:let @c = "b is: " . @b Set register "c" to be the string "b is: " concatenated with register "b"
    :reg c Check what's in register "c"
    "dyy Replace register "d" with the current line
    "Dyy If you'd rather not overwrite register "d", but instead append to it

    For more details on the :let @ command, check out :help :let-@.

    Knowing just the above will get us far. Let's see how we can apply them toward making our case statements. Our first exercise is pretty simple. We will get the contents of register a to be:

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    YEAR
    QUARTER
    MONTH
    WEEK
    DAY
    HOUR
    SECOND
    

    (note that there will actually be an empty first line)

    Start by moving your cursor to the word "YEAR" and initializing register a to a newline:

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    /YEAR<CR>
    :let @a = "\n"<CR>
    

    Doing so will make register a linewise (:help linewise). I explain below why this happens and what effect is has, but for now, suffice it to say that when you yank more text into a, Vim will keep a newline at the end of the register. Go ahead and yank the word "YEAR" onto the end of register a to see it happen:

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    "Aye
    

    As we saw above, "A tells vim that the next thing we yank should be appended to register a and ye means to yank until the end of the word. Examine register a with :reg a to see it is set to^JYEAR^J (^J stands for the newline character). Move your cursor down so it is on QUARTER and again use "Aye to append onto a. a is now ^JYEAR^JQUARTER^J. Do this for every line (or even better, record a macro to automate it) and register a will have the text we were going for.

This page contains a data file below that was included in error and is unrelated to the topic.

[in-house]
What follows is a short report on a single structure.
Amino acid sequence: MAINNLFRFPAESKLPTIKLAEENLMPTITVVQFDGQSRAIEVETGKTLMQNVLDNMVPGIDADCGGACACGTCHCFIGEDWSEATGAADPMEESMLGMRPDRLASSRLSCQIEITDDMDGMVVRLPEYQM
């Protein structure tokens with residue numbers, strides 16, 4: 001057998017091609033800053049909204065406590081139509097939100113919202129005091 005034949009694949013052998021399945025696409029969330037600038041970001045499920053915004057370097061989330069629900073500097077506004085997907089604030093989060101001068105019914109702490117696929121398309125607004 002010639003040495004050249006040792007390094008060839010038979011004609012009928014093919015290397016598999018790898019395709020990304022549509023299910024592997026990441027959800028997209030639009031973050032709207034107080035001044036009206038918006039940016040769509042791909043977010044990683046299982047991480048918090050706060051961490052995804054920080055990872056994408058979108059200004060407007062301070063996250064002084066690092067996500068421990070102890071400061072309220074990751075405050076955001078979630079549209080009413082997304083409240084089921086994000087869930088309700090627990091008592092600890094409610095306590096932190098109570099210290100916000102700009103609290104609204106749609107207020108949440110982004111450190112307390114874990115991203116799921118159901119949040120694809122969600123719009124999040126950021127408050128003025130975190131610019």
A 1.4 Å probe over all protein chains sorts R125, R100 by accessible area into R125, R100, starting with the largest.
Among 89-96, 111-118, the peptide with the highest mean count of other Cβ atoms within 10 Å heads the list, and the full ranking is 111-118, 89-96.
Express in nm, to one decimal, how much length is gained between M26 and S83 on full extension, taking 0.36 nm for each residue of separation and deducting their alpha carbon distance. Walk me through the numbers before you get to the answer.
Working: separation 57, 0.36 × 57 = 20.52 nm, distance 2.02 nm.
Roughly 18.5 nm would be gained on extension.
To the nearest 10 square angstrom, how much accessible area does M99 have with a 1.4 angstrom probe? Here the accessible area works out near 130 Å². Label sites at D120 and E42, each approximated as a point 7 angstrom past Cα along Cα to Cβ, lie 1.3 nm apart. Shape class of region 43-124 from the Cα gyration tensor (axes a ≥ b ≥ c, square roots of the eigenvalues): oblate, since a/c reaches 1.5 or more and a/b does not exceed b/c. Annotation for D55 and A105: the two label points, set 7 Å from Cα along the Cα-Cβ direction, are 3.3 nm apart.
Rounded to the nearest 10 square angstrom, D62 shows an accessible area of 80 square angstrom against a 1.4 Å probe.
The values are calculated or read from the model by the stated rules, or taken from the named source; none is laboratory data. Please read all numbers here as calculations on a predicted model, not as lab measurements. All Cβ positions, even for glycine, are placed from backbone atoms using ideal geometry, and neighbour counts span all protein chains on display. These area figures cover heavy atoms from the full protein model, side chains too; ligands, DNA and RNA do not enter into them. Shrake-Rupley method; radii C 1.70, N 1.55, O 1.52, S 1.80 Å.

That was a fun exercise, but to finish writing each case statement, we would need to edit each line in register a, which we wanted to avoid in the first place. We can do better. As before, move your cursor to YEAR, but this time clear out register a entirely:

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    /YEAR<CR>
    :let @a = ""<CR>
    

    We will use another register to help us. Yank YEAR into register b and use it to append to register a:

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    "bye
    :let @a .= "case self::" . @b . ":\n"<CR>
    

    This concatenates the text case self:: with the contents of register b and the string :\n. Register a is not linewise this time, so we have to append the newline ourselves. a will now be case self::YEAR:^J. If we repeat the above for each line (once again - use a macro!), register a will be:

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    case self::YEAR:
    case self::QUARTER:
    case self::MONTH:
    case self::WEEK:
    case self::DAY:
    case self::HOUR:
    case self::SECOND:
    

    This is perfect. We eliminated the need to do any work after we pasted the results. Instead, we just incrementally built the desired text within register a.

    We can make one further improvement. Using register b was an interesting way of showing how you can use different registers and concatenate them together to make the finished product. It's unnecessary, however, since we can use <C-R><C-W> (:help <c_CTRL-R_CTRL-W>) to insert the word under the cursor each time we append to a. To demonstrate this, again move to the beginning of YEAR and clear register a. This time, skip yanking to register b and do:

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    :let @a .= "case self::<C-R><C-W>:\n"<CR>
    

    After doing this for each line, register a will be the same as before.

    Linewise vs. characterwise registers

    As I mentioned above, Vim will make a register linewise when the expression you assign using :let @... ends in a newline. Vim will keep a newline at the end of the register whenever you append to it by yanking, deleting, etc., but not when you directly modify the register using :let @.... Even if you already have something in the register and append using :let @a .= ..., the register will change to linewise.